B, D. This question requires that you work through the reasons why a port is listed as a particular type of STP port per the Type column in the output of the show spanning-tree vlan 10 command. To begin, keep in mind that a port must have PortFast enabled to be listed as an edge port. That configuration requires either the spanning-tree portfast interface subcommand or through setting the switch to use PortFast as a default with the spanning-tree portfast default global command. Answer choice A shows a type that includes "edge" and the reason listed has nothing to do with PortFast, so that answer is incorrect.
For the other incorrect answer, C, the trunking status of a port does not impact the STP Type as listed in the output.
Answer B is correct because any port that is using half duplex, either through negotiation or by configuration, is considered to be a shared port, as noted with "Shr" in the type column. Answer D is correct because if a switch has no reason to make a port act as a shared port, or as an edge port, the switch treats it as a point-to-point port.
B, C. The VTP domain name must match on two neighboring VTP switches, or they ignore each other's messages. The domain name is case sensitive, making the answer with domain name "Fred" be correct. Additionally, switch SW1 does not have a vtp password command configured per the question stem. If SW2 were to be configured per the other correct answer, then SW1 would not have a VTP password, SW2 would, and the two switches would ignore each other's VTP messages. (If configured on one switch, both must have the same case-sensitive password configured.)
As for the incorrect answers, the VTP version does not have to match on neighboring switches for them to be able to synchronize. Additionally, two neighboring VTP client mode switches will synchronize, which is what the question asked. Neither could be used to configure new VLANs, but both would synchronize with the other.
A network engineer takes four 2960-X switches and creates a switch stack using either FlexStack or FlexStack-Plus stacking from Cisco. Now consider data plane functions, such as frame forwarding; control plane functions, such as STP and VTP; and management plane functions, such as Telnet and SSH support. Once the stack is cabled and working, which of the following is true about how the stack of four switches works?
a. The stack acts as one switch for data plane functions, and separate switches for control and management plane functions.
b. The stack acts as one switch for data plane and control plane functions, and separate switches for management plane functions.
c. The stack acts as one switch for data plane, control plane, and management plane functions.
d. The stack does not act as one switch for data, control, or management plane functions, instead providing backup uplinks if all of one switch's uplinks fail.
Routers R1, R2, and R3 are internal routers in areas 1, 2, and 3, respectively. Router R4 is an ABR connected to the backbone area (0) and to areas 1, 2, and 3. Which of the following answers describes the configuration on Router R4, which is different from the other three routers, that makes it an ABR?
a. The abr enable router subcommand.
b. The network router subcommands refer to a single nonbackbone area.
c. The network router subcommands refer to multiple areas, including the backbone.
d. The router has an interface in area 0, whereas an OSPF neighbor's interface sits in a different area.
A. GRE tunnels that use private IP addresses on the tunnel and then use the Internet between the two routers need to configure references to both the private and public IP addresses. First, each router's tunnel interface has an ip address command that refers to the local router's private IP address. Additionally, each router configures a tunnel destination and tunnel source that refer to the public IP address of the other router (tunnel destination) and the local router (tunnel source).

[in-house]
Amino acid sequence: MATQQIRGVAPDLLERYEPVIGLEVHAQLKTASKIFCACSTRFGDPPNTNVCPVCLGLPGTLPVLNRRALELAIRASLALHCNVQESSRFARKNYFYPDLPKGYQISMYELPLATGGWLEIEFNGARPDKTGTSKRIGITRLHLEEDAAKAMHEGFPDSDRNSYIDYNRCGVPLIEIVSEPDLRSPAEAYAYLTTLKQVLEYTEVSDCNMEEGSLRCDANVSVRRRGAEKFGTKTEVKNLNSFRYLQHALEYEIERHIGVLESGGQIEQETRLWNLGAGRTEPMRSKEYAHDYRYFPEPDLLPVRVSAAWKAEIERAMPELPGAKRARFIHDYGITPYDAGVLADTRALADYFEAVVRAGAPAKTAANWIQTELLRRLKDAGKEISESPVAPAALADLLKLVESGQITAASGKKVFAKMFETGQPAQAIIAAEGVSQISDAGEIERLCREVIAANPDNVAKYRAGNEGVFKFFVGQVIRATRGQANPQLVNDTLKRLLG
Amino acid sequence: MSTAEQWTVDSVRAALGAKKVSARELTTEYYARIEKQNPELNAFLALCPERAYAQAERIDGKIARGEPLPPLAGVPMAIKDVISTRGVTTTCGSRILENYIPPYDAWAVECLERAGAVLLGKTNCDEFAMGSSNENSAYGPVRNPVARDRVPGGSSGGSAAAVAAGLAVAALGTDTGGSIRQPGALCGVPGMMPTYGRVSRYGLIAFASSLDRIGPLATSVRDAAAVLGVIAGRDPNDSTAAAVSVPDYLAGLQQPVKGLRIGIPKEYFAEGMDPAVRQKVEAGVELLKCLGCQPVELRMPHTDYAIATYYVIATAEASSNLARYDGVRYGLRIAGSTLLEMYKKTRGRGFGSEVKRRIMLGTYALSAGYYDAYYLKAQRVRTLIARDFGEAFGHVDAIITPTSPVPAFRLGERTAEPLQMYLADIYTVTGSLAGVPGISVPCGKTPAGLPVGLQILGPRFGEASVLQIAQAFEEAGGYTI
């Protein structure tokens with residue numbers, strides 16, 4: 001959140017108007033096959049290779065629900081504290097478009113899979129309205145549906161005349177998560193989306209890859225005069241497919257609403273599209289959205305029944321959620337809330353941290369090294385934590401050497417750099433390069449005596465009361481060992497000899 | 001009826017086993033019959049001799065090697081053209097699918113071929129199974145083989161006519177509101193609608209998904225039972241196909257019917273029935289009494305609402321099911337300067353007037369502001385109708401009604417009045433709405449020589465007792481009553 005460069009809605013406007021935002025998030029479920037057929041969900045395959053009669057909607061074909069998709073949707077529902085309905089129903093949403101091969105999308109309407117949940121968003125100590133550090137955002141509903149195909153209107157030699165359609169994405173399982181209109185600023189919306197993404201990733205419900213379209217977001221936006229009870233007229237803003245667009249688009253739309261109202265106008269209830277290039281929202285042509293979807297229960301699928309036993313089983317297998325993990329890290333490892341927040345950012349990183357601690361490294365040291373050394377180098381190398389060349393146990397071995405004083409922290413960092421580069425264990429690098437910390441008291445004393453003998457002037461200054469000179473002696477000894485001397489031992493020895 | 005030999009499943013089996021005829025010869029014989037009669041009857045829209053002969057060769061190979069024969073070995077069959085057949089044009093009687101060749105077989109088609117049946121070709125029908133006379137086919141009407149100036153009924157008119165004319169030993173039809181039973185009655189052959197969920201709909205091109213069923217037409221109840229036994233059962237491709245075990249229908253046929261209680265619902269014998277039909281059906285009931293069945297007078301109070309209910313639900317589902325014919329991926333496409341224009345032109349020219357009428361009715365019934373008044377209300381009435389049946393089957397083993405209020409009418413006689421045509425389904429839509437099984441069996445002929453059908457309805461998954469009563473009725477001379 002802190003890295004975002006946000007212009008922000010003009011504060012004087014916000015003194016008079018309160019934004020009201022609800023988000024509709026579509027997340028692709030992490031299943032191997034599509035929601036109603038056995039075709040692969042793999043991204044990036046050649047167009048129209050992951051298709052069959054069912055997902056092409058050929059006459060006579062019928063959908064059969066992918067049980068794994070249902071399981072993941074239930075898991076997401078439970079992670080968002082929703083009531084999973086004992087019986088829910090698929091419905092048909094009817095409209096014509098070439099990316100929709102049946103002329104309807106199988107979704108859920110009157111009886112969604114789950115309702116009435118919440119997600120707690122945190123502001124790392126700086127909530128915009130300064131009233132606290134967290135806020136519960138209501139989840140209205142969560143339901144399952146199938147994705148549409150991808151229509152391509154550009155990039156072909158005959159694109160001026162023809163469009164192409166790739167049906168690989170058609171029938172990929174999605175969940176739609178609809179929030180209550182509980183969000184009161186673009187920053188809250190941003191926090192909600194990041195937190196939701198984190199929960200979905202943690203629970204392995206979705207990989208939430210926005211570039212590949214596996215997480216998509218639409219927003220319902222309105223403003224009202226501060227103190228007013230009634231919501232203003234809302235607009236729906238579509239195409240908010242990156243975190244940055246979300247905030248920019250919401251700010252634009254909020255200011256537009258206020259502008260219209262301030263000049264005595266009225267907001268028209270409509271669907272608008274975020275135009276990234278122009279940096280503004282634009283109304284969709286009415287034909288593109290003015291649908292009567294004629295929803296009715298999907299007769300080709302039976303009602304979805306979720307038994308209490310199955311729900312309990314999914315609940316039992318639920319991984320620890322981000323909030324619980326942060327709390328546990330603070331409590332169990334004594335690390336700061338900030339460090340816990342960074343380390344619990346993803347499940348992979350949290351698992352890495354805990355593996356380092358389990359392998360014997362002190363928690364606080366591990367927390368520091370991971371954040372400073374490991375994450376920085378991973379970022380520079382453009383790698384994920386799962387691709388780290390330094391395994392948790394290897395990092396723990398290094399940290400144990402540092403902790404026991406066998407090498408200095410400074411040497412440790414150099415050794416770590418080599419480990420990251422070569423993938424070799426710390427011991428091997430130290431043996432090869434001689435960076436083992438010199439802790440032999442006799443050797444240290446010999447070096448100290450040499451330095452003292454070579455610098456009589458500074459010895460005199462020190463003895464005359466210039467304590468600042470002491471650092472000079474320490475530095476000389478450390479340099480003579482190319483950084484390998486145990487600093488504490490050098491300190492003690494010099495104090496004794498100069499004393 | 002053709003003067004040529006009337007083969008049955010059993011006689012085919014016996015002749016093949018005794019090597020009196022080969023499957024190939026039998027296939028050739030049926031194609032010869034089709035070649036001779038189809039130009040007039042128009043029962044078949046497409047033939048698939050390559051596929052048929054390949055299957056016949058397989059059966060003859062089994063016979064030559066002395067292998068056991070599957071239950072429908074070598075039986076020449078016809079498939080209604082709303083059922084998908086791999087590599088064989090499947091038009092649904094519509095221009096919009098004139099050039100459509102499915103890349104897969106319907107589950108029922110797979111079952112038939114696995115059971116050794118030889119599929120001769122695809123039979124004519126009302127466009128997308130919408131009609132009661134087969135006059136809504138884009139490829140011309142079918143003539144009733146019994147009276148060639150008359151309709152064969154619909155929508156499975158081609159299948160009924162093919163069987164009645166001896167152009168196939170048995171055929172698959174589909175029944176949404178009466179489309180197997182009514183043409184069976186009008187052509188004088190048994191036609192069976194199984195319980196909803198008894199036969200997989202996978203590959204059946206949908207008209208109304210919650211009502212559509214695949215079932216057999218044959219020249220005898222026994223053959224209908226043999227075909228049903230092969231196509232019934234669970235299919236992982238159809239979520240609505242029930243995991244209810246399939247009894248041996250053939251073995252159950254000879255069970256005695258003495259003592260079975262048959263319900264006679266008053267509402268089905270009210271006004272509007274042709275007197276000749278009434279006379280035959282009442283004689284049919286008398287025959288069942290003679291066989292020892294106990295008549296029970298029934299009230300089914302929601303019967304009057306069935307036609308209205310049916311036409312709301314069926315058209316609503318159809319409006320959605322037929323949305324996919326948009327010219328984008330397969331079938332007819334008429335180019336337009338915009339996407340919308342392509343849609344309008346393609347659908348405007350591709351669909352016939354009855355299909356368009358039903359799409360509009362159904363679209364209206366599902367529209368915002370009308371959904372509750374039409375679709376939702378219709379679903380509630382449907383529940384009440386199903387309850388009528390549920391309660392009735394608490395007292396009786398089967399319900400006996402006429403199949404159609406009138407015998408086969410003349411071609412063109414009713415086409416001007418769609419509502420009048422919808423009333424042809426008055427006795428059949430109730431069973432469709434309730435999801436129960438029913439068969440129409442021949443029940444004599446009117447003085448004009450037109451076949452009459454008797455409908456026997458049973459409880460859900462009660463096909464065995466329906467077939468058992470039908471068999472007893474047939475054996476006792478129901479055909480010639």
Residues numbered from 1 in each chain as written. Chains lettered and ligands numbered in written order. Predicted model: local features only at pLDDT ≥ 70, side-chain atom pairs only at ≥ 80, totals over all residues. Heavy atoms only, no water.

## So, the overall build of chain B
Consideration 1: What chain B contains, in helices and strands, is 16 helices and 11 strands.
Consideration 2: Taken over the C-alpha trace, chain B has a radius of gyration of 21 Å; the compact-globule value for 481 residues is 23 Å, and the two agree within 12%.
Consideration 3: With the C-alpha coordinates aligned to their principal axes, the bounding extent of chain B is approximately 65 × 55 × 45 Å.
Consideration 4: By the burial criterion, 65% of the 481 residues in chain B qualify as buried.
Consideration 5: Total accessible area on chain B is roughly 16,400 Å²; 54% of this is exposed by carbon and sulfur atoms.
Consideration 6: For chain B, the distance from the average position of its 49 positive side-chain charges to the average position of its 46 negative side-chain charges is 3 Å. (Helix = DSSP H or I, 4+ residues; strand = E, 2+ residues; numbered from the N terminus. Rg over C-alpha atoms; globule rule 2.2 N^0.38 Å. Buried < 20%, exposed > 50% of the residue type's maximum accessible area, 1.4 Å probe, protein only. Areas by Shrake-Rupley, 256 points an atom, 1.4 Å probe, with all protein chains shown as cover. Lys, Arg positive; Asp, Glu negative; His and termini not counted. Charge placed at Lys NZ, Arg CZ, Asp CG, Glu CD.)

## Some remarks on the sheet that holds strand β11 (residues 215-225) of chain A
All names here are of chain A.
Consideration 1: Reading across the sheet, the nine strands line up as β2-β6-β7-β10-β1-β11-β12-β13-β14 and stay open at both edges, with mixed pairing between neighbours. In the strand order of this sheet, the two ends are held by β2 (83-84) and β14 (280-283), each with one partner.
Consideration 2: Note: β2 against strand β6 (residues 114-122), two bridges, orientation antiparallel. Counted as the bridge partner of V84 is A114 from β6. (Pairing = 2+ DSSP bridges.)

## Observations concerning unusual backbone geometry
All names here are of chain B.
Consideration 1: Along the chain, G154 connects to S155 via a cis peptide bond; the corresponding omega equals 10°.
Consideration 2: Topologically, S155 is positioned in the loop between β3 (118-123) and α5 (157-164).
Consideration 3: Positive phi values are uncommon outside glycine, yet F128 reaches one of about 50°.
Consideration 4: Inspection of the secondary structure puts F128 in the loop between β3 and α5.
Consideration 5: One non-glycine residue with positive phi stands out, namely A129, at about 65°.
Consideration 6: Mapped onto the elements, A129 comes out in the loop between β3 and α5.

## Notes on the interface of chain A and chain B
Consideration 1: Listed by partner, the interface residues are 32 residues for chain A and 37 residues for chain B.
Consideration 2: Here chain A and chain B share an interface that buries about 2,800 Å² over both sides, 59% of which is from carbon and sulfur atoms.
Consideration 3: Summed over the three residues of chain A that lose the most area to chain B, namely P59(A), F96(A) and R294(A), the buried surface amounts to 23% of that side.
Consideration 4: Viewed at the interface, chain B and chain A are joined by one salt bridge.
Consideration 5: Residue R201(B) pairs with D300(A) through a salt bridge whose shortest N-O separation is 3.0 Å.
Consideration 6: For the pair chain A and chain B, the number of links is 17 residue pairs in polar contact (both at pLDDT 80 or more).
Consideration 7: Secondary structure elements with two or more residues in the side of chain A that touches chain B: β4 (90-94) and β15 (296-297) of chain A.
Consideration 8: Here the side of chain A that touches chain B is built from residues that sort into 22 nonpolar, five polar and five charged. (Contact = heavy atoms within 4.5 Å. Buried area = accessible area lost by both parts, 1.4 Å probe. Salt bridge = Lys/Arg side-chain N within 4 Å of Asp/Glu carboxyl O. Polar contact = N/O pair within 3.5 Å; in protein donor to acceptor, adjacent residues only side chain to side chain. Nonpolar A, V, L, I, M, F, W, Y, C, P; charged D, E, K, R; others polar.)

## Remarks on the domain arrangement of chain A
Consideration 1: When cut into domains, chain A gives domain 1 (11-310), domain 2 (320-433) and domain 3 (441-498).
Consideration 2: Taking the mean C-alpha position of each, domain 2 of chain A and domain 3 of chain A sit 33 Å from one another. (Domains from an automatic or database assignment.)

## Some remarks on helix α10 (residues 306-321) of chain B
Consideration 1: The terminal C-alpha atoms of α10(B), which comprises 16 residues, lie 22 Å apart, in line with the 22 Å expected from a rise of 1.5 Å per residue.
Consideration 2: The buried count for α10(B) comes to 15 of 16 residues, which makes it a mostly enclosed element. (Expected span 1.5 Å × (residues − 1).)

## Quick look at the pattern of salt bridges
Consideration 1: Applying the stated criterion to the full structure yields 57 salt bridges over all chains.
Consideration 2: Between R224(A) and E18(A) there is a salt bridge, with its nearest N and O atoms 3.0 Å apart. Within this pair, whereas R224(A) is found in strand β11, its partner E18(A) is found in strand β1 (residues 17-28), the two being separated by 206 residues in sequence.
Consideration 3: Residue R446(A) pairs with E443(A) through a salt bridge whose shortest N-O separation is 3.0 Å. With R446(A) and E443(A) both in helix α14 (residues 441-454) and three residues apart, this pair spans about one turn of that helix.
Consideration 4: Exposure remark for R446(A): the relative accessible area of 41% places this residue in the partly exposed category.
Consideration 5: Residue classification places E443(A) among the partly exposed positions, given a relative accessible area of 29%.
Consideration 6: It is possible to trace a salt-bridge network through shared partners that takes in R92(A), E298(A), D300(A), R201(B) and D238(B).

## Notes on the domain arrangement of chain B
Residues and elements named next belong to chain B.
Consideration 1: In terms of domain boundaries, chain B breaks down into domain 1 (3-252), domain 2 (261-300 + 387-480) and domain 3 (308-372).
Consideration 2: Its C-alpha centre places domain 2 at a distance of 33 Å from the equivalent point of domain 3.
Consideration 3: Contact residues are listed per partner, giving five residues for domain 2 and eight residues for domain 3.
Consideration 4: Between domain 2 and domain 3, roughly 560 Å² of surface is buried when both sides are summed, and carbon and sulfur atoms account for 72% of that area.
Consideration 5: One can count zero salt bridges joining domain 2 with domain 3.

Two answers refer to Router A's private address. Per the first paragraph of this explanation, that address would be configured on a tunnel interface with an ip address command, on Router A, making one of those two answers correct. Private addresses would not be configured as the tunnel source or destination, making the other answer that mentions Router A's private address incorrect.
Two answers refer to Router B's public address. Per the first paragraph of this explanation, that address would only be configured as a tunnel source or tunnel destination, and not with the ip address command. That fact makes one of the answers incorrect. Next, Router B's public IP address would be listed as the tunnel source on Router B, and the tunnel destination on Router A. The final (incorrect) answer suggests that Router B's public address would be configured as the tunnel source, but on Router A, which would be an incorrect setting.
C. To justify the correct answer: R1's source address for the tunnel must be an address on R1, on an interface in an up/up state, or the tunnel will fail to an up/down state.
For the two answers that mention ping, GRE tunnels do local checks to determine the interface status, but they do not check connectivity with pings. So, a tunnel interface can reach an up/up state even though a ping to the destination of the tunnel would currently fail. (The router must have a route for forwarding packets to the destination; just no guarantee that the packet would arrive.) In this case, R1 would have a route that matches destination 184.108.40.206, R2 would have a route that matches 220.127.116.11, and the tunnel interface could be up/up even though a ping would currently fail for other reasons.
Finally, for the tunnel to work correctly, and forward traffic, R2 would need a working interface with address 18.104.22.168. However, R1's tunnel interface state is independent from whether R2's interfaces are currently up or down.
B, D. The show pppoe session command lists many key facts about a current PPPoE session. As for the correct answers, the State of UP on the far right confirms that the PPPoE session is working correctly. Also, the listing of the Di1 (Dialer1) and Vi1 (Virtual-access 1) interfaces implies that the two interfaces are bound by the PPPoE session.
As for the incorrect answers, MAC 0200.0000.3333 is in use, but by the ISP router. The heading lines list RemMAC (Remote MAC) above and LocMAC (Local MAC) below, so it is the lower of the two MAC addresses (0200.0000.3003) that is used by the local router, R1. Also, the PPPoE configuration is added to the dialer interface and the physical interface (G0/0 in this case), but the virtual-access interface is not directly configured. Instead, IOS generates its configuration from the configuration listed under the dialer interface.